Tel Aviv Diary: What Israelis Want From Trump and Clinton

A Muslim woman on a beach in Tel Aviv during Eid al-Fitr, which marks the end of the holy month of Ramadan, on July 7, 2016. Marc Schulman writes that Israelis are wary of Trump, concerned about his tone and fearful of his lack of knowledge. Baz Ratner/reuters

Israelis are watching the 2016 U.S. Presidential election closely. Interest in the U.S. election here is high, with news broadcasts devoting a dedicated section to the presidential election each night.

Israelis are clearly confused by the many twists and turns of the current U.S. presidential race. In the past several elections, there had been a sense that most Israelis rooted for the Republican candidate, in contrast to leanings of the majority of American Jews.

The fact that the Republican Party has been seen as a more zealous supporter of Israel in the past few years has not hurt. Over the past 20 years, the core of Republican supporters, both its intellectuals and its evangelical supporters, have been among Israel's strongest defenders. On the surface, this year is no different.

The 2016 Republican platform is, by far, the most pro-Israel platform in history; so pro-Israel that its policy dictates are to the right of the positions of Prime Minister Benjamin Netanyahu. One would think that such an Israel-centric platform would garner a great deal of support from the Israeli public—especially since Israel's most popular paper, Yisrael Hayom (a free daily controlled by Sheldon Adelson, a strong Trump supporter), has been giving very favorable coverage to Trump.

However, that has not been the case. Israelis seem wary of Trump, concerned about his tone and fearful of his seeming lack of knowledge. While Israel, with the exception of Israel's large Russian immigrant population, enjoys a close relationship with Putin's Russia, Israelis are skeptical about Russia's good intentions in the Middle East.

Furthermore, though most people here accept the view that Trump himself is not anti-Semitic, the number of anti-semitic supporters that Trump has accumulated is troubling to Israelis—even from 6,000 miles away.

For those who truly follow U.S. politics, the fact that most Jewish intellectuals in the Republican party oppose Trump (such as David Frum and John Podhoretz) is also a red flag for those who might have been inclined to support Trump.

In contrast to some Democratic candidates, the Clintons have always been well-liked in Israel. Bill Clinton is probably Israelis' favorite former U.S. president.

"Shalom Chaver" (Goodbye, friend), Clinton's heart-breaking final farewell to slain Prime Minister Yitzhak Rabin, the moving expression of grief expressed by Clinton at Rabin's funeral, remains seared in the memory of every Israeli old enough to remember that day.

When the 20-year anniversary memorial of Rabin's assassination took place earlier this year, tens of thousands returned to Rabin Square, the site of Rabin's assassination. It was, in large part, to hear the words of comfort and wisdom shared by President Clinton.

Candidate Hillary Clinton gained additional favor in the eyes of Israelis when, during the course of her campaign to become the Democratic Presidential nominee. she stated that the only reason there is no Palestinian state today is because Yasser Arafat, former president of the Palestinian Authority, refused to accept or come back with a counter-proposal to the settlement offer presented to him at Camp David by her husband.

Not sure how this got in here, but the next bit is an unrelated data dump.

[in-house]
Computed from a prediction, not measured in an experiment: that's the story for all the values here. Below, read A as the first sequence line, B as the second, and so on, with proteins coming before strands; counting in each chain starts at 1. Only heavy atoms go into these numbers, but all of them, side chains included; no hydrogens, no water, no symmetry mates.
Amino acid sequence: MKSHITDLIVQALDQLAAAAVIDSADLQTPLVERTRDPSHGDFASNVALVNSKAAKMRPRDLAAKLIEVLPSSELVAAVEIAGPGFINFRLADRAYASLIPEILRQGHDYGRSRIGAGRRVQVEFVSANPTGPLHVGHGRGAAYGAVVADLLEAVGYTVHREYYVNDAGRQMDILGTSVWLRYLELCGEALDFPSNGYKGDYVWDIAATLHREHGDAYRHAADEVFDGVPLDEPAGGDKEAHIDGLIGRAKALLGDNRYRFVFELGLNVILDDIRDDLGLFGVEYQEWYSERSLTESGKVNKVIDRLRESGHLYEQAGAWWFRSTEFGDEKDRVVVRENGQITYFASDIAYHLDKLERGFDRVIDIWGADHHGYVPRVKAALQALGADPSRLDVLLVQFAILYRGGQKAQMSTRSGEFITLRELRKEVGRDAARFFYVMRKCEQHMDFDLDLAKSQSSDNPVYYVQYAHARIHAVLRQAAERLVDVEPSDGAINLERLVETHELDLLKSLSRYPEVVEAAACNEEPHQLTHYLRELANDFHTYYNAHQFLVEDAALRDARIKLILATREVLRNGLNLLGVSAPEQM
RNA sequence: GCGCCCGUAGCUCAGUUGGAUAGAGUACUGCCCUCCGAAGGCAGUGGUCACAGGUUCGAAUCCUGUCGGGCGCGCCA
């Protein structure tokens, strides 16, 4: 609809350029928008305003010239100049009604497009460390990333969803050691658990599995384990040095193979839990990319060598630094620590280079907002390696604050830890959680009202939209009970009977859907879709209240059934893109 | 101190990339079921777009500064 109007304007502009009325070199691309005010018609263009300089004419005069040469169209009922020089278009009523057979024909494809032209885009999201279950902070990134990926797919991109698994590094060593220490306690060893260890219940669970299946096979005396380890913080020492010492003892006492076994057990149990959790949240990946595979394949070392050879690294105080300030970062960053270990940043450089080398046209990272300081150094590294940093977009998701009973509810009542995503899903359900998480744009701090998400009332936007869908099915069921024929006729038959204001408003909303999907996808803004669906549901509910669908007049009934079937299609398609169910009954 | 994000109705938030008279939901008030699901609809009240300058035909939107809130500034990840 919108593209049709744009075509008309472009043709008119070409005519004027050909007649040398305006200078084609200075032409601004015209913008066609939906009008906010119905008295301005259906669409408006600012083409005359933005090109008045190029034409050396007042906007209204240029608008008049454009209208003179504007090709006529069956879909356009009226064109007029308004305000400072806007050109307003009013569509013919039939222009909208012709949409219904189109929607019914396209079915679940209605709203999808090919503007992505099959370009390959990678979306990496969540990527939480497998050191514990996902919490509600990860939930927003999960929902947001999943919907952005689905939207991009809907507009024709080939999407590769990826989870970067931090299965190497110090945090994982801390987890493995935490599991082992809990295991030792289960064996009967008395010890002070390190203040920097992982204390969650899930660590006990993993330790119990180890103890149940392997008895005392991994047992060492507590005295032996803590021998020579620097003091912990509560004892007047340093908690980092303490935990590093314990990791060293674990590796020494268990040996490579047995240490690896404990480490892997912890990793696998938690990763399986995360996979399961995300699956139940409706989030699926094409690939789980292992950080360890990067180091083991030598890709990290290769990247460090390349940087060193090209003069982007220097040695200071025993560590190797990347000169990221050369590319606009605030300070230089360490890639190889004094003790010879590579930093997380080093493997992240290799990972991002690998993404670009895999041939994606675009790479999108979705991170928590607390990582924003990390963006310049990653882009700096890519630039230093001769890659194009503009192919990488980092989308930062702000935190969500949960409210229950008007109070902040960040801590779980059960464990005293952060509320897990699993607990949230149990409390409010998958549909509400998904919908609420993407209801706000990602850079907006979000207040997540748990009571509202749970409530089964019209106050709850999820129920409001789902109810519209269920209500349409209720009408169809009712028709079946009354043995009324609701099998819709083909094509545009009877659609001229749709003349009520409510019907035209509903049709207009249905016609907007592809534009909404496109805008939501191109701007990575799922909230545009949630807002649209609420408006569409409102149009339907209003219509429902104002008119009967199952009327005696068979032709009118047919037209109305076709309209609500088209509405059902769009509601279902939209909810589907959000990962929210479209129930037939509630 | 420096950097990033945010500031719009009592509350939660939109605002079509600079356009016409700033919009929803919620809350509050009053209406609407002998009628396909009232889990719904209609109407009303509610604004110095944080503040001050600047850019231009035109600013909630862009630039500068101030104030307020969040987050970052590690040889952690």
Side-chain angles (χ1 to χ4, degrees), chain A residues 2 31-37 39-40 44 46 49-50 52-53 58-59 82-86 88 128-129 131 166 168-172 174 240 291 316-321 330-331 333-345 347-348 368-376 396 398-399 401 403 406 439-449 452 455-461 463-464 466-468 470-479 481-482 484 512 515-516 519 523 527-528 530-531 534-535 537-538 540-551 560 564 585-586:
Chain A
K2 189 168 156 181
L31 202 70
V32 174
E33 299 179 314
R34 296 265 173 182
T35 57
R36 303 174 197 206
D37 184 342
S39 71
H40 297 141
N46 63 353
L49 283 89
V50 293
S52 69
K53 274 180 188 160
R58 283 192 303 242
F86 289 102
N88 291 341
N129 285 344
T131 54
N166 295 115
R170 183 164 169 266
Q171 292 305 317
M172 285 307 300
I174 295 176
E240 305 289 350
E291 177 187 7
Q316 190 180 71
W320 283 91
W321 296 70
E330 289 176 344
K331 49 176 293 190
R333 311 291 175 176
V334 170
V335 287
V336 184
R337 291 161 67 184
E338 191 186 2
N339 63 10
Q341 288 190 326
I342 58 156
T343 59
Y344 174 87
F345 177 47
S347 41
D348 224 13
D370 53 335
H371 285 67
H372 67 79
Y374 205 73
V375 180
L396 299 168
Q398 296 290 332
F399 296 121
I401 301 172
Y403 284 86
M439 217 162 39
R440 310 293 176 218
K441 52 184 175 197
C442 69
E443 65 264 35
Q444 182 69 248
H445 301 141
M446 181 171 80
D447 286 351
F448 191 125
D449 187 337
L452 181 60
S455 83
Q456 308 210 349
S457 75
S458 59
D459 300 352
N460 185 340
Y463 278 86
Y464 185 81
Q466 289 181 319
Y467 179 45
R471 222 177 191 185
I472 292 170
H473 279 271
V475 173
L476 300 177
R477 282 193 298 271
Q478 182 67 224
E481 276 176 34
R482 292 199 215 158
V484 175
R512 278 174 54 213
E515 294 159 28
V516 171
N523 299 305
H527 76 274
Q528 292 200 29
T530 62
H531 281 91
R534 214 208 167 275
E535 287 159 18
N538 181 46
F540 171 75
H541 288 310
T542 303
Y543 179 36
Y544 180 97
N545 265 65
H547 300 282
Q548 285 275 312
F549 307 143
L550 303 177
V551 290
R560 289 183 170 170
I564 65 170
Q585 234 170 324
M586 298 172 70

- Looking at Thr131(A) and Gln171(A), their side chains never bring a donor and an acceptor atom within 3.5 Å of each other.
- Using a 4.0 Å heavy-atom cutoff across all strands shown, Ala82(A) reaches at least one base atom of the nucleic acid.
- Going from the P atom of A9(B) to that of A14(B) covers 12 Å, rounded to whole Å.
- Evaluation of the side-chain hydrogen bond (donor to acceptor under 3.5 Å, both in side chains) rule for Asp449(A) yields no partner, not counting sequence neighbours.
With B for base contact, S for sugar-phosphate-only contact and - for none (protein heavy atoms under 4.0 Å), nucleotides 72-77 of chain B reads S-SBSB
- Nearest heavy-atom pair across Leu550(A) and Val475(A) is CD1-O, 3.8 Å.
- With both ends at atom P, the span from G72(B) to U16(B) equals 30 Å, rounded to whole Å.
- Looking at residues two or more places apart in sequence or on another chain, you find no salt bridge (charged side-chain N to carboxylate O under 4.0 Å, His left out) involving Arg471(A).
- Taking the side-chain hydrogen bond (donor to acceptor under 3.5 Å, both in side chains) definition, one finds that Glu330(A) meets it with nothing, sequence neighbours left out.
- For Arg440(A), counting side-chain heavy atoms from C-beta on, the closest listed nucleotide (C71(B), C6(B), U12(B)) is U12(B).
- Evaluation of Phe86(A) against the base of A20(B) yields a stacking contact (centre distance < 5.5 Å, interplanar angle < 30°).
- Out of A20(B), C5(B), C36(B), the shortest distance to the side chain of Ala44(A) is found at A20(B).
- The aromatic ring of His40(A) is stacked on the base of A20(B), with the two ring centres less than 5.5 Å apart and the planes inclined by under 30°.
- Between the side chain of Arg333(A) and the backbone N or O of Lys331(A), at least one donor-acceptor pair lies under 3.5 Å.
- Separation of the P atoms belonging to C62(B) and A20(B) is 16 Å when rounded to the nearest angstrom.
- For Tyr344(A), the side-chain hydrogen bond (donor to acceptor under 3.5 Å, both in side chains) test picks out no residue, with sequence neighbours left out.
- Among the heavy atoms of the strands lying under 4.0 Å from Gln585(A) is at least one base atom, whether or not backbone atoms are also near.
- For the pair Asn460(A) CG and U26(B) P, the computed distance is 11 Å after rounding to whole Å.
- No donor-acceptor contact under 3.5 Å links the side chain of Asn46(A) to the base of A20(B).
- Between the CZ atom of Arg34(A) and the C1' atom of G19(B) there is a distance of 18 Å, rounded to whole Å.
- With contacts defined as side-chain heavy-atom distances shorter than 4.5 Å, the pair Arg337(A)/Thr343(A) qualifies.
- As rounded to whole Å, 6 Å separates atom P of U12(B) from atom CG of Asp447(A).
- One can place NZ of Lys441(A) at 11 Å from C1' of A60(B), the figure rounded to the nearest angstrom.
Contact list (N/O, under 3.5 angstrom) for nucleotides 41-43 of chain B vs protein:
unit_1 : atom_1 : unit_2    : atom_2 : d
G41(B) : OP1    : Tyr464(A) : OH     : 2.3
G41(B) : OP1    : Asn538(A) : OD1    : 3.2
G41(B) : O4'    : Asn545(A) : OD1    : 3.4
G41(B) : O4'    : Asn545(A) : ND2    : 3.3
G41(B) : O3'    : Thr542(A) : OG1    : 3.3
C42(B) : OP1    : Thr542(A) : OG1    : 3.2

This is not to suggest that most Israelis are big supporters of American diplomacy over the past few years. Israelis believe American policy in Syria has been a disaster; few understand what President Barack Obama was thinking when he allowed Syrian President Bashar al-Assad to get away with using chemical weapons on his own population.

Many continue to wonder why Obama refuses to use the words "Islamic terrorism." By and large, the sense in Israel is that the Democratic candidate for president would continue the foreign policies set by Obama, albeit having far less qualms about using force than her predecessor.

It should be noted that Netanyahu, who had until recently been holding out on signing a new military aid package with the United States (hoping to gain better terms from the next president), made the decision in the last few days to accept almost all current U.S. conditions—including ending the option Israel has had to use some of the U.S. aid to purchase Israeli-made arms, in favor of signing the agreement quickly.

While expediting efforts to wrap up a new aid package is not necessarily indicative of which candidate would be better for Israel in the prime minister's opinion, it does suggest Netanyahu has concluded that he would not reap a better deal from either of the current presidential candidates.

Moreover, with Trump perpetually preaching about "how broke the U.S. is", conditions may not be ripe for continued U.S. aid in the future. As such, it is better to sign a firm agreement now than to wait and see any unknown future developments.

Over the next three months, Israelis who have a hard time understanding the intricacies of the electoral college (as if most Americans do understand), will be closely watching every ebb and flow of the unfolding campaign. Without question, Americans will be most profoundly affected by the outcome, and Israelis, along with all citizens of the globe, feel they have a great deal at stake in the result.

Multimedia historian Marc Schulman is editor of